The Panthers are “cautiously optimistic” they dodged a bullet with franchise quarterback Cam Newton’s foot injury Thursday night.
Newton, who left the Panthers’ game Thursday against the Patriots with a foot injury, was undergoing more tests Friday as the team held its collective breath.
General manager Marty Hurney offered the glass-half-full assessment late Friday morning about what he described as a “mid-foot sprain” in Newton’s left foot (via The Athletic): “We are cautiously optimistic he will be ready for Week 1.”
From Carolina Panthers GM Marty Hurney: “Cam Newton has a mid-foot sprain in his left foot, and we are cautiously optimistic he will be ready for week one.”
— Jourdan Rodrigue (@JourdanRodrigue) August 23, 2019
Some 12 hours earlier, Hurney was hopeful that the injury, sustained on a first-quarter sack, would be the best-case scenario.
“We’re hoping it’s not too bad,” Hurney said late Thursday on the team’s local radio postgame show. “We’ll find out more (Friday). But I hope it’s not too bad.”
X-rays of Newton’s lower left leg at Gillette Stadium came back clean and this much most agreed on: The injury didn’t appear severe, apparently proved out by Friday’s further examinations, but sprained feet are tricky. Even though the team is cautiously optimistic, there has to be concern about how quickly Newton, who was sacked twice Thursday, can be 100 percent.
Proof? A headline from the Charlotte Observer read: “If Cam Newton’s foot injury is serious, the Panthers’ entire season is in peril.”
And the speculation in the column was couched in no less urgent terms:
But although this didn’t look terrible — and maybe it won’t be, and the Panthers were whispering unofficially late Thursday night they didn’t think it would be — foot injuries don’t have to look bad initially to turn out poorly. Panthers tight end Greg Olsen and many other NFL players could tell you that.
Hopefully, that’s not what happened here. Hopefully the Panthers were just being very careful and in a few days Newton will be throwing again in practice. (Newton wasn’t available to talk after the game, having already left the Panthers locker room before the game ended).
But we also may not know the answers to these two questions for days or even a couple of weeks:
1. Will Newton be well enough to start Sept. 8 in the home opener vs. the L.A. Rams?
2. If he can’t, is Kyle Allen ready to play? Or in that case, should the Panthers sign another quarterback like Colin Kaepernick as an alternative (a route that Panthers safety Eric Reid said late Thursday that he would advocate if — and only if — Newton’s injury is significant).
Pro Football Talk noted pointedly that the Panthers’ current backup QBs — in order, Allen, Will Grier, Taylor Heinicke — “don’t rise to the level of an otherwise talented roster.”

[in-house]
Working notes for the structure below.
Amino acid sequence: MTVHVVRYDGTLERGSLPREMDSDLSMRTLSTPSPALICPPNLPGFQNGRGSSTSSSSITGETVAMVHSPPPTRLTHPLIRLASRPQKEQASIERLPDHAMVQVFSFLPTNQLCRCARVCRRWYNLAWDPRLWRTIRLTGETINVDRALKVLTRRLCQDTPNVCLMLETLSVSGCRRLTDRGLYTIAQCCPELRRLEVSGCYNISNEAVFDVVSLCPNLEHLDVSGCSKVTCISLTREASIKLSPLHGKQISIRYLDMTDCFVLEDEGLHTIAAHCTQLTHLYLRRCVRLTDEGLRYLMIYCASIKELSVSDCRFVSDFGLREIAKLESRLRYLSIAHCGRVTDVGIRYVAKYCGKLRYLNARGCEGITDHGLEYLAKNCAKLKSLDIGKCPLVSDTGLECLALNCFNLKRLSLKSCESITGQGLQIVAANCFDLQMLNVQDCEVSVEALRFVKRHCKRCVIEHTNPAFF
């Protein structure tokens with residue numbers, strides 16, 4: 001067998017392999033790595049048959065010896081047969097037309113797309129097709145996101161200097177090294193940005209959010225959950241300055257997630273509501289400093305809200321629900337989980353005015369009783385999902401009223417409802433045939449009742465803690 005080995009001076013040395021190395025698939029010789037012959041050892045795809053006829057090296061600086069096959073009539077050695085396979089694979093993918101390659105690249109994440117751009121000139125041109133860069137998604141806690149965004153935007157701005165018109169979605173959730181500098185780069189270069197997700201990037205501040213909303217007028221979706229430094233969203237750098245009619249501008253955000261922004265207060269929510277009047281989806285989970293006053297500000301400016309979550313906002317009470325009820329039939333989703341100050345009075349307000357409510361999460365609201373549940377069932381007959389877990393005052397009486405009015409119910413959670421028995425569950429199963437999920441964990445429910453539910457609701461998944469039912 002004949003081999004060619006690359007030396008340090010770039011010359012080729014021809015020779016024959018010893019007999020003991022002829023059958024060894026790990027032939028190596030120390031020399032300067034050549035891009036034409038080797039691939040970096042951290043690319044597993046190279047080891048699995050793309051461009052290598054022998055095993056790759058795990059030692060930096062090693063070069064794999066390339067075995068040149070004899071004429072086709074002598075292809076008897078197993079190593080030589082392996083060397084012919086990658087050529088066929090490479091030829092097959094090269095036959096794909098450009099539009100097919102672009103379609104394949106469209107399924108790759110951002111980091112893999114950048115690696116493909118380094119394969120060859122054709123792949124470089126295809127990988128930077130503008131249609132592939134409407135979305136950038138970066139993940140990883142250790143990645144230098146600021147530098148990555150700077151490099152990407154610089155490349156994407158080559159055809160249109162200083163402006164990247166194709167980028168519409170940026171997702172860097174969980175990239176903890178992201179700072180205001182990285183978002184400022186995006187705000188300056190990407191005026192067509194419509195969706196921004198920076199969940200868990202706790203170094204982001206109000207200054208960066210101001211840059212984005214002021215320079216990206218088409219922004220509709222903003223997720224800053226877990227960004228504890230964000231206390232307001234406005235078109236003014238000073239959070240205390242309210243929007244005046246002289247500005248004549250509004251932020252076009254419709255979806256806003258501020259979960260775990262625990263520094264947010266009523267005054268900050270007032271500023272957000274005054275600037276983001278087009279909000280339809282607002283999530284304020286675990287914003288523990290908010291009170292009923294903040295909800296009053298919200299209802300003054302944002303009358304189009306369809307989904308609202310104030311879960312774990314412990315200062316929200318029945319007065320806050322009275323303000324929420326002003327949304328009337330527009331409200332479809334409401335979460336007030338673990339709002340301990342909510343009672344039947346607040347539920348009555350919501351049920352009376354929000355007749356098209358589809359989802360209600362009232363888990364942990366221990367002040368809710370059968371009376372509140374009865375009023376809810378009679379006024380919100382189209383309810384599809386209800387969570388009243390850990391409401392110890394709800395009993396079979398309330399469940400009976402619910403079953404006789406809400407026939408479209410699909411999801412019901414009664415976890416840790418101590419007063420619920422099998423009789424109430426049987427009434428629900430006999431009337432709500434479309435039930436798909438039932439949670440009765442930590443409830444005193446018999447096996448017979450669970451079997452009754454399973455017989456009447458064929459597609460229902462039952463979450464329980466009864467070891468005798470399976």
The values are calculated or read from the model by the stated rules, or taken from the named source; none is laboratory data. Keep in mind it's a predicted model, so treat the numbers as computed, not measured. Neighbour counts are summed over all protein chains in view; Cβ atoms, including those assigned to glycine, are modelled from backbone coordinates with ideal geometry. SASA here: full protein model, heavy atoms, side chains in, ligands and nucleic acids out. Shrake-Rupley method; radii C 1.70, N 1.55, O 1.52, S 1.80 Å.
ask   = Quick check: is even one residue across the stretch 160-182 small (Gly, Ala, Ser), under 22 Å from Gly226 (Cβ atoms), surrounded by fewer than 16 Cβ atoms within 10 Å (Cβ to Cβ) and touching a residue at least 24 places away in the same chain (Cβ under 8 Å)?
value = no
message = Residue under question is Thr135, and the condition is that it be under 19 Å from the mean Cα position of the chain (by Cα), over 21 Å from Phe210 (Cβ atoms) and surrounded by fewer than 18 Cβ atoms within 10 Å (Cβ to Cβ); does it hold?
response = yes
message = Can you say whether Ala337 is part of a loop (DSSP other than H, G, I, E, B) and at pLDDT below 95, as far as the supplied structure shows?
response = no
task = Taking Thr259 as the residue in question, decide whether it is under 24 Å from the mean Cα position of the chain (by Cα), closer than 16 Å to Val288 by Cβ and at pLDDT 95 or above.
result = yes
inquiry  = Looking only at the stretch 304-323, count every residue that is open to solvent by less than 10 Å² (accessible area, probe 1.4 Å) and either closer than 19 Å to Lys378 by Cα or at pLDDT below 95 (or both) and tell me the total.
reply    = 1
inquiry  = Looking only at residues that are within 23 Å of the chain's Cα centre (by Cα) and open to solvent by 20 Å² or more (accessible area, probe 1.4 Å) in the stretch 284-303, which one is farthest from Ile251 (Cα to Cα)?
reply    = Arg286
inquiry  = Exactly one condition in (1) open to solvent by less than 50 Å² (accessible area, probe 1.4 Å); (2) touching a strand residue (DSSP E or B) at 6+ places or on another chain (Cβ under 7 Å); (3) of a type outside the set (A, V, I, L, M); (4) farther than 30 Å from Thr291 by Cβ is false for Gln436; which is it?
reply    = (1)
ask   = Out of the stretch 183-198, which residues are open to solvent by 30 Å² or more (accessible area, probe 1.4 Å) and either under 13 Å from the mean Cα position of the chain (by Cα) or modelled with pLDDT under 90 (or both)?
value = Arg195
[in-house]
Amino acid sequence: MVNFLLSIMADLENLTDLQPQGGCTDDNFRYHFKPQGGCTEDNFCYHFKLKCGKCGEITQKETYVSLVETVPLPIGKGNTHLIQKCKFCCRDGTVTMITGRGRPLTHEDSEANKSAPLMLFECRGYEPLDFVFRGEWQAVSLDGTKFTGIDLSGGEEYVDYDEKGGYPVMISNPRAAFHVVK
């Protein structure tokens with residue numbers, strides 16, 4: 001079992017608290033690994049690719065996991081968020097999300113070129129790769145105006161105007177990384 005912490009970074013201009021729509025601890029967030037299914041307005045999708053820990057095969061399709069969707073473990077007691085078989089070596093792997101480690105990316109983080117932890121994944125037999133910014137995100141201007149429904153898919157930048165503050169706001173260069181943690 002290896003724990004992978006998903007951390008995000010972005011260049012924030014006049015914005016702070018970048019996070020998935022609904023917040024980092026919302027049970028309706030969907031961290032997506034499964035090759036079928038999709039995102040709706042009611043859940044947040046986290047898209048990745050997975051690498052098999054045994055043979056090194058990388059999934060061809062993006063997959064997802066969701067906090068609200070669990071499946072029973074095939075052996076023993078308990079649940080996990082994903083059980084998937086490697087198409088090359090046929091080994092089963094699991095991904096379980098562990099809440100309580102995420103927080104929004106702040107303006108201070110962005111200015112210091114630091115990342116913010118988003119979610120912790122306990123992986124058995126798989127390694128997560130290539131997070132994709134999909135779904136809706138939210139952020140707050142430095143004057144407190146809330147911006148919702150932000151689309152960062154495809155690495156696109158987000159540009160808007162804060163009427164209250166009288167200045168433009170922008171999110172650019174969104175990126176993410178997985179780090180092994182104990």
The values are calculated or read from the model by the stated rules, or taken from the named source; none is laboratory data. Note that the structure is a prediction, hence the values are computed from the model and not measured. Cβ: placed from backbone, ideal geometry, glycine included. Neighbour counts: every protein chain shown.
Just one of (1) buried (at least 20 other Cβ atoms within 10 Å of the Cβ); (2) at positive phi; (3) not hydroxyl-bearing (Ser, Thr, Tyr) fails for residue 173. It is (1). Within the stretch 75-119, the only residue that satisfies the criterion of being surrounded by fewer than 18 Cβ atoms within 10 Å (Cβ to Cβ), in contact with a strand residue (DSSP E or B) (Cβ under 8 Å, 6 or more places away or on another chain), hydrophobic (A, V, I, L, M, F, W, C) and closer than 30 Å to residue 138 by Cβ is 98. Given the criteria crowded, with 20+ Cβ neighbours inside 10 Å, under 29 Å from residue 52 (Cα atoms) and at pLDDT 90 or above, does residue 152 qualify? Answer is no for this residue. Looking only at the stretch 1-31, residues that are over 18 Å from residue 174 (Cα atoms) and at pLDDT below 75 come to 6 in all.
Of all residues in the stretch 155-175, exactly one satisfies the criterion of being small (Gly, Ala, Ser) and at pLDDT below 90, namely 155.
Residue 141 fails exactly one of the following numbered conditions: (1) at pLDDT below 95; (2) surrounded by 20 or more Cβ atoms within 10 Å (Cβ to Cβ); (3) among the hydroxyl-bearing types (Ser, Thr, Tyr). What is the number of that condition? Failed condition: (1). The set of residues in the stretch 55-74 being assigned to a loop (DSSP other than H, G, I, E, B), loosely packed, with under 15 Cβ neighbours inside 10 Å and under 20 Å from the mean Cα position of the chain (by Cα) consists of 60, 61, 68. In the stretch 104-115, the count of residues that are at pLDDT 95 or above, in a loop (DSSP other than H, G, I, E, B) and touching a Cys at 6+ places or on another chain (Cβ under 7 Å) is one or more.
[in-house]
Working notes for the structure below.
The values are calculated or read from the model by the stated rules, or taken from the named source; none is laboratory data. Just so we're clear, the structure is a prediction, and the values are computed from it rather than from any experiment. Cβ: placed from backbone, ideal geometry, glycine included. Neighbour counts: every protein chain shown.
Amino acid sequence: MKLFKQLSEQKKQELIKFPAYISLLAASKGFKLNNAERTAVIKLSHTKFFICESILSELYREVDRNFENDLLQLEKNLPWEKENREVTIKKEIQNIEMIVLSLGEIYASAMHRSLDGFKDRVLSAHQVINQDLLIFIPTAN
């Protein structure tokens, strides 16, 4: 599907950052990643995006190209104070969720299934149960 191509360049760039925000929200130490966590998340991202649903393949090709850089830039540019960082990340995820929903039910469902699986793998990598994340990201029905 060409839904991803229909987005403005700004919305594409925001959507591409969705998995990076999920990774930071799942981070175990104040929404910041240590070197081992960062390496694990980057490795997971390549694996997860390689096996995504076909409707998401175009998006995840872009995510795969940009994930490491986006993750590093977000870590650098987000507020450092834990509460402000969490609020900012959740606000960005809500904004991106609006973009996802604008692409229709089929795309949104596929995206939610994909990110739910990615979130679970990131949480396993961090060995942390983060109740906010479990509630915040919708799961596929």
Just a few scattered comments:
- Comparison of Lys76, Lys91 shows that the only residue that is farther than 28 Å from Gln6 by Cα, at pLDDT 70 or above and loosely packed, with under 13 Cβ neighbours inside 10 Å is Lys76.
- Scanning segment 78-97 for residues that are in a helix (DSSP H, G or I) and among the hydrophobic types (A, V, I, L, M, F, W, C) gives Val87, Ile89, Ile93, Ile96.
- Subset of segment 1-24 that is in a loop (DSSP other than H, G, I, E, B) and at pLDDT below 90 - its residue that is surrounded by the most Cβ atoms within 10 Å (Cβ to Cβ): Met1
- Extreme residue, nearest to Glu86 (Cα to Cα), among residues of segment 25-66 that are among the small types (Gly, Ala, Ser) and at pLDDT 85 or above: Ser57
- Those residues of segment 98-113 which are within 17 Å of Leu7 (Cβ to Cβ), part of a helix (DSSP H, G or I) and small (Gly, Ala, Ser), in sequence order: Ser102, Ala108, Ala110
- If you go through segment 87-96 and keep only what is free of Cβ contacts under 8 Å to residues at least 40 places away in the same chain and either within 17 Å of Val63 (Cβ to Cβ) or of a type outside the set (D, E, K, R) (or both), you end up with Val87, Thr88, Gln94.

Suffice it to say the sight of Newton, 30, leaving Gillette Stadium in a walking boot was enough to cause some stomach churning in the Carolinas.
Cam Newton was seen leaving the stadium in a walking boot. pic.twitter.com/vQ0PRGIMA0
— Sporting News (@sportingnews) August 23, 2019
And that’s part of why Kaepernick’s name came up. But there’s also a side note of history with the Panthers.
Carolina defensive back Eric Reid kneeled during the national anthem with Kaepernick when they were 49ers teammates, and new Panthers owner David Tepper signed Reid when other NFL teams wouldn’t — and then gave him a lucrative extension.
Eric Reid says IF Cam is hurt badly, Kaepernick could and should definitely “come in and help us.” Again, he stressed the IF and said he hoped Cam was fine.
— Scott Fowler (@scott_fowler) August 23, 2019
That was enough in the hours soon after Newton’s injury to lead to the speculation, to the point Yahoo Sports envisioned how Kaepernick, a Super Bowl quarterback, could fit in the Panthers offense: “Kaepernick isn’t the same quarterback as Newton, but the Panthers have designed plays to feature Newton’s running ability and that has always been a strength for Kaepernick. Even a short-term gig for Kaepernick could open other doors. He hasn’t gotten a shot as teams have signed countless quarterbacks with much thinner resumes. Kaepernick is 31 years old.”
Other options on the picked-over free agent QB market are less appealing and certainly don’t measure up to Kaepernick — or Newton, who threw for 3,395 yards with 24 touchdowns and 13 interceptions last season as he battled shoulder issues that were surgically repaired in the offseason.
In fact, all eyes in camp have been on his throwing, and Newton looked sharp in the early going Thursday in his first action of the preseason until …
This injury isn’t something the Panthers envisioned, although they clearly knew the risks that preseason play brings.
He sat out the first two preseason games, and he always sits out the fourth. Why not, some mused, sit out the third one, too?
Said Panthers linebacker Luke Kuechly (the Cam Newton of the defense, if you will), who has played about one quarter this entire preseason: “I think it’s a delicate balance between making sure that your players are ready to go for the regular season, but also that they get enough reps at game speed.”
With that, though, comes risk — and now uncertainty. Or as the Observer put it: “Cam Newton is hurt, again — and no one knows exactly what will come next.”
The early news is encouraging, but the days’ events show just how reliant the Panthers, as currently constructed, on Newton, who hasn’t been able to stay completely healthy.